And should you require a sonic companion for our interview, Jezebel Jones and Bye Bye Banshee have generously shared an exclusive Deathfolk Magic download link for Haute Macabre readers!
Haute Macabre: Please tell us about the name and concept of your musical project, Bye Bye Banshee.
Jezebel Jones: The concept started to come together about five years ago when I was living in Texas, but the seeds were planted earlier, when I lost my house (and nearly my life) in a fire back in 2010. The experience forced me to wake up….and I started writing a song or two about death. But the new music seemed to have a life of its own and so I created a side project of all death-themed songs because that’s what was inspiring me at the time. Death is a muse, I guess. The Bye Bye Banshee name itself emerged from my subconscious. I’d been researching Irish banshee folklore and I’m a sucker for alliteration and sing-songy repetition, so…
Your music is crafted with “myth, magic, and folklore”–I’d love to hear about your inspirations in this vein, where they began, how they took hold, and how they’ve informed your worldview and songwriting?
When I was younger, I was very afraid of death due to the link between death and the devil, a link that was created by many sermons of damnation, “scary” end-of-times propaganda films, even the Bible itself. Since I’m no longer an evangelical Christian, I wanted to explore other folklore and myths and see if I could discover a new way to look at death that was less fear-based and more inclusive. Living in south Texas kicked off my intensive research phase – I began learning and participating in different cultural approaches to death, including the beautiful customs around the Mexican holiday, Día de los Muertos. Often song lyrics just flow out of me–like magic–but those seeds are planted during research, physical experience and reflection. I feel transformed by the process of writing and performing this music; I hope people will feel comforted and transformed by listening to it.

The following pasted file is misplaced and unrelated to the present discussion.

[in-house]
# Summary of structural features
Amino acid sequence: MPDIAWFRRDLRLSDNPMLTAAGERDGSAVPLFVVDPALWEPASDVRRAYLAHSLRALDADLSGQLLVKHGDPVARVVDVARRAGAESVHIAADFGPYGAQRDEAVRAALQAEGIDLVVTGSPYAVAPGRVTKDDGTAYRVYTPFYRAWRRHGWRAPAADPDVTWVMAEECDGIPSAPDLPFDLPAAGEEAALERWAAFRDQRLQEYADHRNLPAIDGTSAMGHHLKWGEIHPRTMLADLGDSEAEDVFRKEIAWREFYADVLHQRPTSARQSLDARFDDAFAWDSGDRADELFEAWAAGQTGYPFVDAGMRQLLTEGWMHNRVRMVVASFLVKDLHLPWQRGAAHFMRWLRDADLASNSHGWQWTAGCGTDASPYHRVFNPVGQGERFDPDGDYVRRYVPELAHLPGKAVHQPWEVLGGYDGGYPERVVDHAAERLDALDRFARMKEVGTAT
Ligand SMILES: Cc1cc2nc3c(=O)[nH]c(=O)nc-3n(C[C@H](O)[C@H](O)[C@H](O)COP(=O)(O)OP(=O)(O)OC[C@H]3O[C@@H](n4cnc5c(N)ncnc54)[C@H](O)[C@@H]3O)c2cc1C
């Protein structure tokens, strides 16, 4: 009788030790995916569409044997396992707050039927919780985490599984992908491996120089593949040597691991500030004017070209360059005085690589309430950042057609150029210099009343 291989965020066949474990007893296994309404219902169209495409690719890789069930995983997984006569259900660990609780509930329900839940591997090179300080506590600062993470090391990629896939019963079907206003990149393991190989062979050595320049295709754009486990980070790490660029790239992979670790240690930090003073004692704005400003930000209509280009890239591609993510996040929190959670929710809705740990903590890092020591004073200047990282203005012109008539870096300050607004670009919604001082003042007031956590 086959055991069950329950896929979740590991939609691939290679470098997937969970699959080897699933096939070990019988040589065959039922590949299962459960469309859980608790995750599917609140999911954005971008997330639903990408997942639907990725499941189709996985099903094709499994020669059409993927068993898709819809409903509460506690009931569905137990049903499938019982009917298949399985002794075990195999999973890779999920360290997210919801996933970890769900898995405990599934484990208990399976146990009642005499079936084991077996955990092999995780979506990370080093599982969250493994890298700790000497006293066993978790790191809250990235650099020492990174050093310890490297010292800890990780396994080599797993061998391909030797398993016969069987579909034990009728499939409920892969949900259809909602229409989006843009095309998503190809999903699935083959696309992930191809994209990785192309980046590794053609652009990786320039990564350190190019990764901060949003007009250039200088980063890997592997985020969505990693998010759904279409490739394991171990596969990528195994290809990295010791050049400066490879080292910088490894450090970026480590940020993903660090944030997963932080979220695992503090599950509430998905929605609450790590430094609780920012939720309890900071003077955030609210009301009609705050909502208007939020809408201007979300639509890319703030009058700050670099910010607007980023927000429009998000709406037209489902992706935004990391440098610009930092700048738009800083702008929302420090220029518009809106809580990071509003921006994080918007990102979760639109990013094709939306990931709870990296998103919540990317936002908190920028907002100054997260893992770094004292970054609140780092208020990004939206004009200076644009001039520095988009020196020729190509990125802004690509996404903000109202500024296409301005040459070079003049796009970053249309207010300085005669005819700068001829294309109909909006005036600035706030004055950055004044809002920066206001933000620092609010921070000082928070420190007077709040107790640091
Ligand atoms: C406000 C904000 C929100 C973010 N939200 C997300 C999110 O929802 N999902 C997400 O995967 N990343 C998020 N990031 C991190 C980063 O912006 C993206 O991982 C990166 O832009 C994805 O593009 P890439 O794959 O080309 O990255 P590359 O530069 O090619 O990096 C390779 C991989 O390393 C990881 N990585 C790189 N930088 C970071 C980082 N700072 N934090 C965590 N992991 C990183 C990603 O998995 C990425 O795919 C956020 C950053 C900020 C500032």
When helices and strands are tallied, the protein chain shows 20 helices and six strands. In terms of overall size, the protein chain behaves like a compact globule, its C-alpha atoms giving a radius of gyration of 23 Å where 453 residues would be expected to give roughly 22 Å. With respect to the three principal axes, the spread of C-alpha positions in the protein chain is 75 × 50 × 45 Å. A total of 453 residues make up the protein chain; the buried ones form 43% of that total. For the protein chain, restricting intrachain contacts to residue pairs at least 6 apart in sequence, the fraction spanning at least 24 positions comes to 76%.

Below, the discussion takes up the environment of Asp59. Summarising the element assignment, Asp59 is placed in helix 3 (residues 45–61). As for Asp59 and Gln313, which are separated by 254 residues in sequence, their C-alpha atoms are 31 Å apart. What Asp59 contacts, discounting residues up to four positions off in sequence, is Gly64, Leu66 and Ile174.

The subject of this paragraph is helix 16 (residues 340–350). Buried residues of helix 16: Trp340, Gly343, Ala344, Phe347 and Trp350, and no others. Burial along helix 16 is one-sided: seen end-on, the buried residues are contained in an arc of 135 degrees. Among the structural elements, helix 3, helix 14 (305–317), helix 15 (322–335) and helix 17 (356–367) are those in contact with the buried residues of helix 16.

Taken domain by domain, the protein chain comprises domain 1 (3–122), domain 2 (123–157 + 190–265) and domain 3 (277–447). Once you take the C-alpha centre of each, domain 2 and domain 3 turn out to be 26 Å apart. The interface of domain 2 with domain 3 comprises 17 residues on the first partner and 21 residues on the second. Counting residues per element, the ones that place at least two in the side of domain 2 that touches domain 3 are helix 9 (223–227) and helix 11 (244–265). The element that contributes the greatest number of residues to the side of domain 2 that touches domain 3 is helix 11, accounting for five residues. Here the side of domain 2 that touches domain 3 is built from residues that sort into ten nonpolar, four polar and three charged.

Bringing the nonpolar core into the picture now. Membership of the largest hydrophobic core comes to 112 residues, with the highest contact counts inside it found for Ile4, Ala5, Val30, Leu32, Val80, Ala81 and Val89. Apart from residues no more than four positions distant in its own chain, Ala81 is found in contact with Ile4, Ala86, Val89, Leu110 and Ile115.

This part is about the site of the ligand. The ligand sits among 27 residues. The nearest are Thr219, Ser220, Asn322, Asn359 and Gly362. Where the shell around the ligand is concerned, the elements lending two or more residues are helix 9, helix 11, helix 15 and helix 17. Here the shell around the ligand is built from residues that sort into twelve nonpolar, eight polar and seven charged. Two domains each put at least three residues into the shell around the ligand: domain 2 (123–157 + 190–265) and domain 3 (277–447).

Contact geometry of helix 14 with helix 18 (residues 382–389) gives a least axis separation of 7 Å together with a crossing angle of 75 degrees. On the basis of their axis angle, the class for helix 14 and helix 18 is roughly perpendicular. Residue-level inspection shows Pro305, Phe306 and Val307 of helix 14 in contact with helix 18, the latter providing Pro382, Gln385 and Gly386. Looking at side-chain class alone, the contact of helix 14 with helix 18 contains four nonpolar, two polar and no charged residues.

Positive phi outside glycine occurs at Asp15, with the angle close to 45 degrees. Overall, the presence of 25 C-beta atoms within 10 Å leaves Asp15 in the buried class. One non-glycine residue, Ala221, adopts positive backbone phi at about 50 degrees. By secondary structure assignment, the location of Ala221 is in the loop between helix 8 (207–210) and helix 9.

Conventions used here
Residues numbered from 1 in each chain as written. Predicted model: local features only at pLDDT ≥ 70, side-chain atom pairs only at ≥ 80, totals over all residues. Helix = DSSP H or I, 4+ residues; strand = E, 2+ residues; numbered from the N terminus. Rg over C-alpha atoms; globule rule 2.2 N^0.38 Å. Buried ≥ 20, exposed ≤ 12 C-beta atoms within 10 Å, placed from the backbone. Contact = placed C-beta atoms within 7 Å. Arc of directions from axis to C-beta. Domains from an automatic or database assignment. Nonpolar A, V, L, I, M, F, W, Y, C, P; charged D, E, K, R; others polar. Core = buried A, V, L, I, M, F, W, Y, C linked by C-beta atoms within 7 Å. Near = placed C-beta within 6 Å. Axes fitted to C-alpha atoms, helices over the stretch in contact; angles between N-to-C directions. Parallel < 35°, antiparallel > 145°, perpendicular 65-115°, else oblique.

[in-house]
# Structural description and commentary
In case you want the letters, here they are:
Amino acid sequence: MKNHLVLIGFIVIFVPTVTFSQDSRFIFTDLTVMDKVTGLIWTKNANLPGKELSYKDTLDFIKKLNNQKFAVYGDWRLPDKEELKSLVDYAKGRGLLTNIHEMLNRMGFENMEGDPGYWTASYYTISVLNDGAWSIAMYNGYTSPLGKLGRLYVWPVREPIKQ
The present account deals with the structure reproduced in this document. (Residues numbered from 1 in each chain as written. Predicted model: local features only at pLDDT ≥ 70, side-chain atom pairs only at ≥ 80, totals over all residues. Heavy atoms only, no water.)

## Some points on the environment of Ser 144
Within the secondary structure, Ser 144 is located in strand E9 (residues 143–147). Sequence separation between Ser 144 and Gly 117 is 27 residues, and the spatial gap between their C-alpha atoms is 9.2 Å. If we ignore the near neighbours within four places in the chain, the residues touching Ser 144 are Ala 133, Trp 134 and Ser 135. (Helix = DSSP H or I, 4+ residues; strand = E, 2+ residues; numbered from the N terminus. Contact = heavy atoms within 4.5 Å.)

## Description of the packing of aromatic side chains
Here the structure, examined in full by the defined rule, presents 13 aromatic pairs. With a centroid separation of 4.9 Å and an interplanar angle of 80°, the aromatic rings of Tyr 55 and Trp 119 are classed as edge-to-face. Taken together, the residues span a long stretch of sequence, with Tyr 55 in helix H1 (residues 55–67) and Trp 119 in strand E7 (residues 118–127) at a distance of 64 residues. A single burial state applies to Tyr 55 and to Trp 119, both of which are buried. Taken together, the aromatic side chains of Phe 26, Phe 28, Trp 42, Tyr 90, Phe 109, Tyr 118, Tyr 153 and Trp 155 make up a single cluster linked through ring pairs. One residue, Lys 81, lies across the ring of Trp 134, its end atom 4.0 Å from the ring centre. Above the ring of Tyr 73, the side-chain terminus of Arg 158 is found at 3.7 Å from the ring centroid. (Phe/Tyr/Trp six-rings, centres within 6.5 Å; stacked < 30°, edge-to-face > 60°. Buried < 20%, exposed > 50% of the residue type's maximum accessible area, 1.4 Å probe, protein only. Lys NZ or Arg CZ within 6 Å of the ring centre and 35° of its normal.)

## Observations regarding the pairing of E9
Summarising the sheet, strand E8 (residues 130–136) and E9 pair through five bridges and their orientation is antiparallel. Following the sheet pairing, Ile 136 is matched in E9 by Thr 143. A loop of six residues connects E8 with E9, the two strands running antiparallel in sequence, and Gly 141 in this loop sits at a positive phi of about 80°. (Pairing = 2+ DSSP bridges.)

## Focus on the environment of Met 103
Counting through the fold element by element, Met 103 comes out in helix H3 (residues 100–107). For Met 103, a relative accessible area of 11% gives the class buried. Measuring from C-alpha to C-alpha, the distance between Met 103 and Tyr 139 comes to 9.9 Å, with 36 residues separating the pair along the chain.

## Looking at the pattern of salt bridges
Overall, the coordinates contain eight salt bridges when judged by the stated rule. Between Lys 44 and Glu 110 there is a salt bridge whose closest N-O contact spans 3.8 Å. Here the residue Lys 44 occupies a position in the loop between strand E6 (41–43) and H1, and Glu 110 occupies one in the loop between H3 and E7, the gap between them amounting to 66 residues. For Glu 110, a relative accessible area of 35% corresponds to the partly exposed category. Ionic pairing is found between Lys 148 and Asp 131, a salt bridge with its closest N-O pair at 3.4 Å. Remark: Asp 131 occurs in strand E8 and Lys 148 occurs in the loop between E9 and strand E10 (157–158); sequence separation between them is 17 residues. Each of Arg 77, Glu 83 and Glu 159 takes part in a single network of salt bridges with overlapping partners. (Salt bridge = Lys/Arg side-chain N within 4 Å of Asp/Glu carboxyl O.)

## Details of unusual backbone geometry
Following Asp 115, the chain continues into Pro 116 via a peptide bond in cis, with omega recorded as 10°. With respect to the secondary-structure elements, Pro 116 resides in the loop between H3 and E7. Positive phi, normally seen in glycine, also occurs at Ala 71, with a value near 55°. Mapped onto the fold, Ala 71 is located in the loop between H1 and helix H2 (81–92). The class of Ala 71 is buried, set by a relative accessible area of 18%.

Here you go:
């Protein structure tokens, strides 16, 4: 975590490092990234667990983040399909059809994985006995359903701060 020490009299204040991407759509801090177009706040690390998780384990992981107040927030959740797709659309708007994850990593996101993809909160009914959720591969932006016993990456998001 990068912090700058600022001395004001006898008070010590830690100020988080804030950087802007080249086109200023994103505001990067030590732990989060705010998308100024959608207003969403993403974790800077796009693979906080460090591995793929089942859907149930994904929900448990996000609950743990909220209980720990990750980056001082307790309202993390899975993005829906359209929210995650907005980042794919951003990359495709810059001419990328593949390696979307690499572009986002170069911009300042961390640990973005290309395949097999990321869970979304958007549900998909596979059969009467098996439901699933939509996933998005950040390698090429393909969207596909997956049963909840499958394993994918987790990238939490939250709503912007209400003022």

I often check the tags on places like last.fm to see how a certain musician is classified (and I’ll admit, the weirder and lengthier the tag, the more excited I get!) I know that some reviewers and listeners might tag you as #americana, #folk, or #truedetective (!!) How might you classify your music? Gimme some hashtags!
Great but difficult question! Hmmm…maybe…. #psychfolkrock #playthisatmyfuneral #weirdmusicforweirdpeople #creepybeautifulsongs #dirgeAF
Your latest album, Deathfolk Magic, boasts an incredible cover. Just absolutely lovely, the colors, the sense of place and atmosphere, and that gorgeous dress! What can you share about that photoshoot, about that day, about the feelings you were attempting to evoke with that imagery?
Awww, thank-you. Sure, first of all, I have to give props to my photographer friend Lars Kommienezuspadt. He’s just an incredible artist and loves–and gets–my music. We were going for a very earth-goddess vibe for the shoot. He came up with the perfect location, a long-abandoned munitions factory in rural Minnesota; we both brought props including my favorite animal skull and his adorable tarantula–she was a rock star! It was cold and rainy the day of the shoot and we decided to just go for it–I’m glad we did because the sky was moody and perfect. The vintage silk chiffon dress was an amazing find at a Seattle thrift store years before–I think I paid less than $15 for it–can you believe that? I’ve always had thrift store magic…